Finally, the Italian Civil Cassation, Sec. VI, Ordinance 07/01/2016, No. 100 (rv. 638572) outlines the different, but still very common case in which an entrepreneur brags about merits, such as medals, awards, indications of quality, requirements, virtues, not possessed by his products, but belonging to the products or enterprise of a competitor. As a rule, in such cases, one ends up citing said awards without reason, giving rise to doubt in the observer that he or she is in front of the awarded company. This behavior disrupts consumers’ free choice, crediting their products with customers without significant investment efforts.
These cases are only meant to highlight the variety and complexity of forms of unfair competition by appropriation of merit, and underscore the importance of always taking an informed and very careful approach to industrial property rights and competition. So, how to move in case of questionable conduct?
The assessment of the tort of appropriation of merits (outlined in Art. 2598, no. 2, Italian Civil Code) requires a careful analysis of the facts and evidence, as the underlying issue is wide-ranging, affecting not only the relationship between companies, but ranging as far as the image and reputation of related personalities as, for example, in cases of ambush marketing.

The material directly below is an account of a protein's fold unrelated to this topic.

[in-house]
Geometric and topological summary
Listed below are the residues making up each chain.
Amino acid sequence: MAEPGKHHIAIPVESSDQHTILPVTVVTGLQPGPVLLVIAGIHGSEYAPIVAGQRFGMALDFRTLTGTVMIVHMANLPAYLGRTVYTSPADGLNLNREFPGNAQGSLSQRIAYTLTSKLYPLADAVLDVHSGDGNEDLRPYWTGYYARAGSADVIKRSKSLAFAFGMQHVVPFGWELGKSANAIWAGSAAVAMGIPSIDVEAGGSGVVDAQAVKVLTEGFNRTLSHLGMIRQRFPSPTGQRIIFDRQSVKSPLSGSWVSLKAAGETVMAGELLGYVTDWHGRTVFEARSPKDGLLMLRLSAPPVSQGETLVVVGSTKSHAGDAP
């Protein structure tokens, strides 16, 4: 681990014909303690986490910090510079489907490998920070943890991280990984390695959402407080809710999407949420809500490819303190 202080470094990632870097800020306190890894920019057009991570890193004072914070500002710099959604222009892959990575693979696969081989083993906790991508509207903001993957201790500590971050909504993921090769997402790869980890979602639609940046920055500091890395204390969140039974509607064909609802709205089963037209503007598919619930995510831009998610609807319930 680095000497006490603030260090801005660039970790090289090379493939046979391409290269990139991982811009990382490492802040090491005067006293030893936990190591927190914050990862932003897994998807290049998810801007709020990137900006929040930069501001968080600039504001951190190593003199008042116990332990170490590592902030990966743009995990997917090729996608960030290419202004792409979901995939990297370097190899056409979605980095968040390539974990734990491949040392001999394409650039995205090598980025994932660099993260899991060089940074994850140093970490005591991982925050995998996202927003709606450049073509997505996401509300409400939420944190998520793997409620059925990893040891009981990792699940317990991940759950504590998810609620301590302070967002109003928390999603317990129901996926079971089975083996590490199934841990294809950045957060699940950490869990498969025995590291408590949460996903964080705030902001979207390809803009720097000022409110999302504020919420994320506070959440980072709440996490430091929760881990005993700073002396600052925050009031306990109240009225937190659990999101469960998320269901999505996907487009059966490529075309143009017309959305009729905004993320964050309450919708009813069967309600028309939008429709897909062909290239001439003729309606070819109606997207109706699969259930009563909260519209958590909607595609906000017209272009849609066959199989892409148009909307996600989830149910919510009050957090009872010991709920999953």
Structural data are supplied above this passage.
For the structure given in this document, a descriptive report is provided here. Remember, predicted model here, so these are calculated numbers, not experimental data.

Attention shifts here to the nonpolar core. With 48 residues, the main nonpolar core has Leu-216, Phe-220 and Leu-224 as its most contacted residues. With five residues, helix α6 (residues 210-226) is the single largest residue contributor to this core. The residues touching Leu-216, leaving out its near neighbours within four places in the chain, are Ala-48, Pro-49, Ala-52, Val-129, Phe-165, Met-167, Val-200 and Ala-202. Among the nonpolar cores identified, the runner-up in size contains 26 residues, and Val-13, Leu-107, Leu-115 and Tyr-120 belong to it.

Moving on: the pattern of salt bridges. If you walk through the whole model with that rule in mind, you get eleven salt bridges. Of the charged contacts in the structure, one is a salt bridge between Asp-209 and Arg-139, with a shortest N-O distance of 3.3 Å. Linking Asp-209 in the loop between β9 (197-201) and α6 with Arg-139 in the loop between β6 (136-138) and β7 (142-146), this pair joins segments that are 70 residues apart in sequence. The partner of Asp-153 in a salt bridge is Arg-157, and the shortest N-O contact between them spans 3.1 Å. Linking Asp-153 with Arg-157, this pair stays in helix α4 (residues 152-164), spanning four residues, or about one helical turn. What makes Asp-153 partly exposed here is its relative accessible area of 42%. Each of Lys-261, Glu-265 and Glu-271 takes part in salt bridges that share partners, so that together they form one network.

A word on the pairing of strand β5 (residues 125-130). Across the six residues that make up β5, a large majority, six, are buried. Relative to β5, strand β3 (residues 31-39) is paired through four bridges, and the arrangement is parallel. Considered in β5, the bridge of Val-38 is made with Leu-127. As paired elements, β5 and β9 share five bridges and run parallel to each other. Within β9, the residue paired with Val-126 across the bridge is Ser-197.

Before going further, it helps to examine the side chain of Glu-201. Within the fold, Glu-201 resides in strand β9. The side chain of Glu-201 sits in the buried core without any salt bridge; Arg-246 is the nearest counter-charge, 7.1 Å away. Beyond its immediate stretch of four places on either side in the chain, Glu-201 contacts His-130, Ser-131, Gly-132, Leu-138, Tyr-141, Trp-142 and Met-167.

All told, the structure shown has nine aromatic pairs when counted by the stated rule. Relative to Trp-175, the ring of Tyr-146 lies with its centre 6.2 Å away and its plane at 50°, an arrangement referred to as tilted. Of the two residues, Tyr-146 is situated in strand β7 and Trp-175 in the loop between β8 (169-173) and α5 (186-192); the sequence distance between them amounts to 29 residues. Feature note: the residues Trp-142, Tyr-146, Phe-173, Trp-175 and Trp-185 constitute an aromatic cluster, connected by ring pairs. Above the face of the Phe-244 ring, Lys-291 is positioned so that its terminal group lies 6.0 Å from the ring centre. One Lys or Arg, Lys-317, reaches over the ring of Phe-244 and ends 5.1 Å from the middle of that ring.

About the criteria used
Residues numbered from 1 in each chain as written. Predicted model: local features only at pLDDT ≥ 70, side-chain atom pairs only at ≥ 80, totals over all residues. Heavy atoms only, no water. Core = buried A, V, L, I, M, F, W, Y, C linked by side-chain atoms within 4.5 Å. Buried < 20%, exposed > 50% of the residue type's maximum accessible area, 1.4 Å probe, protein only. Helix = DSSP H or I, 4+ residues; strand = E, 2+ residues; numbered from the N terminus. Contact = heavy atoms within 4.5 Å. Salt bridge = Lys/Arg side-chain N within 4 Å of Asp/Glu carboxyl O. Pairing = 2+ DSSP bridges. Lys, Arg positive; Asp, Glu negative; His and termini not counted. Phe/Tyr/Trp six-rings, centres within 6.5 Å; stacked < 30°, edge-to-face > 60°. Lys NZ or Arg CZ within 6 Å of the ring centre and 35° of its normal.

The ruling of the Court of Bologna cited in the first paragraph, although quite old, emphasizes emphatically the importance of safeguarding reputation and the investments that companies make to achieve it. The question that arises, however, is whether the unauthorized use of someone else’s image always constitutes a depletion of the value of the brand, or whether, at certain junctures, it may rather contribute to enhancing its aura and value.
As attorneys, it is our duty to proceed with rigorous analysis of case law decisions and interpretive developments, moving with precision and strategic responsibility, weighing the benefits and risks of each action.
Businesses are often faced with the “temptation” of reference marketing, a practice that, while bringing potential savings on promotional investments, is generally illicit and fraught with pitfalls.
For the rightful owner of the illicitly referenced trademark, the wrongdoing results in a dilution of its value and a decline in customer trust, and it is therefore imperative for companies to operate with due diligence to avoid damaging repercussions.
In this complex reality, the Canella Camaiora Law Firm always prefers to adopt a careful and fully shared approach with the client. Being specialized in trademarks, patents, copyrights, but also in image law, the Firm – strong of a team of experienced professionals – faces the most articulated challenges striving to foresee the repercussions of the legal action also in commercial and reputational terms.